11. Physical stories:
- Bill Holter interview
- John Embry talks with Eric King
- EU Probe on gold/silver manipulation (Bloomberg)
- Koos Jansen on the reason for the devaluation of the yuan/revaluation of gold against the yuan.
Let us head over and see the comex results for today.
August contract month:
|Withdrawals from Dealers Inventory in oz||nil|
|Withdrawals from Customer Inventory in oz||14,680.971 oz (Scotia)|
|Deposits to the Dealer Inventory in oz||nil|
|Deposits to the Customer Inventory, in oz||nil|
|No of oz served (contracts) today||59 contract (5,900 oz)|
|No of oz to be served (notices)||1392 contracts (139,200 oz)|
|Total monthly oz gold served (contracts) so far this month||3885 contracts
|Total accumulative withdrawals of gold from the Dealers inventory this month||nil|
|Total accumulative withdrawal of gold from the Customer inventory this month||574,533.5 oz|
Total customer deposit: nil oz
JPMorgan has 7.1966 tonnes left in its registered or dealer inventory. (231,469.56 oz) and only 741,358.273 oz in its customer (eligible) account or 23.05 tonnes
We lost 25 contracts or an additional 2500 ounces will not stand for delivery. Thus we have 16.414 tonnes of gold standing and only 14.78 tonnes of registered or dealer gold to service it. Today, again, we must have had considerable cash settlements.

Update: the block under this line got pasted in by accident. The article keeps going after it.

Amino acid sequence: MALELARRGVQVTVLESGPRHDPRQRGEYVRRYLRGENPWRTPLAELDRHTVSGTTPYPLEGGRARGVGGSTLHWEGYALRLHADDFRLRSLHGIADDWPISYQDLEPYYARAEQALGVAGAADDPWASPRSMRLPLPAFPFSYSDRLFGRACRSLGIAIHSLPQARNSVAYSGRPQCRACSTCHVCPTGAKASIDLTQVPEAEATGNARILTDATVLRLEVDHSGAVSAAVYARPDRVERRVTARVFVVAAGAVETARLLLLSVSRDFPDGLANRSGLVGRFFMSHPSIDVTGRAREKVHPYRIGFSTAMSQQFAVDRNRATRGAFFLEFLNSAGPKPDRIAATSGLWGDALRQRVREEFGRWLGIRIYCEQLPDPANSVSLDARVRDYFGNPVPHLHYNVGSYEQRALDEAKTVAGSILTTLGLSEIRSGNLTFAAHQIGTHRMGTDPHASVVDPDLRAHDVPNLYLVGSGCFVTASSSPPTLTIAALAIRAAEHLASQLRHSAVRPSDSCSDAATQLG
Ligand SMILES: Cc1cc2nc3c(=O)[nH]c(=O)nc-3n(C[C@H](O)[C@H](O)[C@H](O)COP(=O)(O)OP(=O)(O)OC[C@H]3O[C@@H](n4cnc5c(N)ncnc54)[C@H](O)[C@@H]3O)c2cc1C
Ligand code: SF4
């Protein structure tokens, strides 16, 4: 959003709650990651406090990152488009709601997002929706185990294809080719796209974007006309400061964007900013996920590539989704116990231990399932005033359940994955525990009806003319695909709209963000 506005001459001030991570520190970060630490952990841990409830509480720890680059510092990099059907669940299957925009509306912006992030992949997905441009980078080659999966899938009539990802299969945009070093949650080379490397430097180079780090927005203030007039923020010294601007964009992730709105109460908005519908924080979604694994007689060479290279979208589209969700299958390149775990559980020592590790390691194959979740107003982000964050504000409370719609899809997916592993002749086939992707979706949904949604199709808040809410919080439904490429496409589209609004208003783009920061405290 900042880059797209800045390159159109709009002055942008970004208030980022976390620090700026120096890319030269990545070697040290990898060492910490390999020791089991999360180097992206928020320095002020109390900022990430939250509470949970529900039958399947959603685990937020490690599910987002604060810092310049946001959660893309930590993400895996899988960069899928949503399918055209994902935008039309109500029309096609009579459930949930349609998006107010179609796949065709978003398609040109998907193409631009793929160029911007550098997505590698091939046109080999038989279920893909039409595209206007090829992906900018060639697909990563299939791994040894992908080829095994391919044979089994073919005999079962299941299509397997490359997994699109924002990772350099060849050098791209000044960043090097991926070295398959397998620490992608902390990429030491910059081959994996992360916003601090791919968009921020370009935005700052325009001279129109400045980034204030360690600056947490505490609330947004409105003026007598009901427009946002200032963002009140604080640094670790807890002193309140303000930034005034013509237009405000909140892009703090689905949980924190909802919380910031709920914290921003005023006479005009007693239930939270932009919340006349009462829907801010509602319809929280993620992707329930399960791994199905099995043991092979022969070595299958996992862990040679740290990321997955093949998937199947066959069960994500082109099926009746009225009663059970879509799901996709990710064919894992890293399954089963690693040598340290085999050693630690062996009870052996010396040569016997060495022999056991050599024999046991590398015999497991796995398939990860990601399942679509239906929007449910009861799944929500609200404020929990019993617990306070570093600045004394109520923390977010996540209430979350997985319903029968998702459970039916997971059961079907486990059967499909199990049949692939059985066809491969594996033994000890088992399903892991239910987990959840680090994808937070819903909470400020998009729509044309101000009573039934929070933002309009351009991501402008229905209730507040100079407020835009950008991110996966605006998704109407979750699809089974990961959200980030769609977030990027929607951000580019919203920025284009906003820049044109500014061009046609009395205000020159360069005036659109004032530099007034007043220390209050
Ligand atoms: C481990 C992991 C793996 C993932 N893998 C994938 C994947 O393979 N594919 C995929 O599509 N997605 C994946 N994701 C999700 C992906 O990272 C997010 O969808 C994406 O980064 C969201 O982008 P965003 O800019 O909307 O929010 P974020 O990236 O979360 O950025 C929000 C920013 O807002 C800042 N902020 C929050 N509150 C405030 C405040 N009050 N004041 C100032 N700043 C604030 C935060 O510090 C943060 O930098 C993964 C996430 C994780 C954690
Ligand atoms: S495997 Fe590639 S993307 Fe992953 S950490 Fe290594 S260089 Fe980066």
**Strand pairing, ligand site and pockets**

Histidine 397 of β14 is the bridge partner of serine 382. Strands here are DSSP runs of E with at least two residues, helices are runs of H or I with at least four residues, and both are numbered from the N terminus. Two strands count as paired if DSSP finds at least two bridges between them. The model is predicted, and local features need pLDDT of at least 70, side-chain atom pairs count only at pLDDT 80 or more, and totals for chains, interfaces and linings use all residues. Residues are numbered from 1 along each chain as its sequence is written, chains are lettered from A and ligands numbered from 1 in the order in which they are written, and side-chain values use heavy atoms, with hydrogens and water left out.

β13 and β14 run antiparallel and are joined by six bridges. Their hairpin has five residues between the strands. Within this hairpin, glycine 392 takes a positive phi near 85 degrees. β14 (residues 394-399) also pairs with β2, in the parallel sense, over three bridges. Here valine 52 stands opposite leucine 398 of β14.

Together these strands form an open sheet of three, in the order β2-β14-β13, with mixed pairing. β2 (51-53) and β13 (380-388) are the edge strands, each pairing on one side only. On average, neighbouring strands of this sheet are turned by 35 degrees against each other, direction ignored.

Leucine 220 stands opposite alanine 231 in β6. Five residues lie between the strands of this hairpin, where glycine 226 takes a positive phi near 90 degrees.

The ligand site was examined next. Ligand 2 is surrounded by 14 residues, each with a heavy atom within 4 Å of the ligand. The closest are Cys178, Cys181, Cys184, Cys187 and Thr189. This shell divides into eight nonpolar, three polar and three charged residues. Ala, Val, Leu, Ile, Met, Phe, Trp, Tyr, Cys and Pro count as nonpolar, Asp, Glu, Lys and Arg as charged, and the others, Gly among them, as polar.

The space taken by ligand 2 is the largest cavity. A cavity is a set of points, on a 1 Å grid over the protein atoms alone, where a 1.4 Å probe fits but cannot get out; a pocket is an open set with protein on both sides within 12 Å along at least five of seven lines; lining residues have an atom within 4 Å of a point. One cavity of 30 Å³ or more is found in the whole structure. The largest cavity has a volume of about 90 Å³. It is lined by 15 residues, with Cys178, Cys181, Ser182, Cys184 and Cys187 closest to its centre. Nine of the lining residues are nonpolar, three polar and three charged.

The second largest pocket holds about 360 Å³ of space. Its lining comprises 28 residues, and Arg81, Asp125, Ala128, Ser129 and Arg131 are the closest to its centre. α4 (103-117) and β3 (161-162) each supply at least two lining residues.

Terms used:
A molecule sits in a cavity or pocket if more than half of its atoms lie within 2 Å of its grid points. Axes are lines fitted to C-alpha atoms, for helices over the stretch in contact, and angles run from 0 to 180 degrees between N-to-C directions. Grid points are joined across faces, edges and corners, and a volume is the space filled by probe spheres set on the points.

August silver initial standings
August 25 2015:
|Withdrawals from Dealers Inventory||nil|
|Withdrawals from Customer Inventory||21,323.33 oz (HSBC,Brinks)|
|Deposits to the Dealer Inventory||nil|
|Deposits to the Customer Inventory||891,995.34 oz (Brinks,JPMorgan)|
|No of oz served (contracts)||24 contracts (120,000 oz)|
|No of oz to be served (notices)||1 contract (5,000 oz)|
|Total monthly oz silver served (contracts)||325 contracts (1,625,000 oz)|
|Total accumulative withdrawal of silver from the Dealers inventory this month||85,818.47 oz|
|Total accumulative withdrawal of silver from the Customer inventory this month||8,349,485.0 oz|
total dealer deposit: nil oz
Today, we had 0 deposits into the dealer account:
total customer deposits: 891,995.340 oz
total withdrawals from customer: 21,323.33 oz
we neither gained nor lost any silver ounces standing in this no active delivery month of August.
August 12./ a huge deposit of 4.18 tonnes of gold into the GLD/Inventory rests at 671.87 tonnes
August 7./no change in gold inventory at the GLD/Inventory rests at 667.93 tonnes August 6/no change in gold inventory at the GLD/Inventory rests at 667.93 tonnes August 5.we had a huge withdrawal of 4.77 tonnes from the GLD tonight/Inventory rests at 667.93 tonnes
August 4.2015: no change in inventory/rests tonight at 672.70 tonnes
And now SLV:
August 25.2015:no change in inventory at the SLV/Inventory rests at 324.698 million oz
August 24./no change in inventory at the SLV/Inventory rests at 324.698 million oz
August 21.2015/ no change in inventory at the SLV/Inventory rests at
324.698 million oz
August 20.2015:/no changes in inventory at the SLV/Inventory rests tonight at 324.698 million oz
August 19/no changes in inventory at the SLV/Inventory rests tonight at 324.698 million oz
August 18.2015: no changes in inventory at the SLV/Inventory rests tonight at 324.968 million oz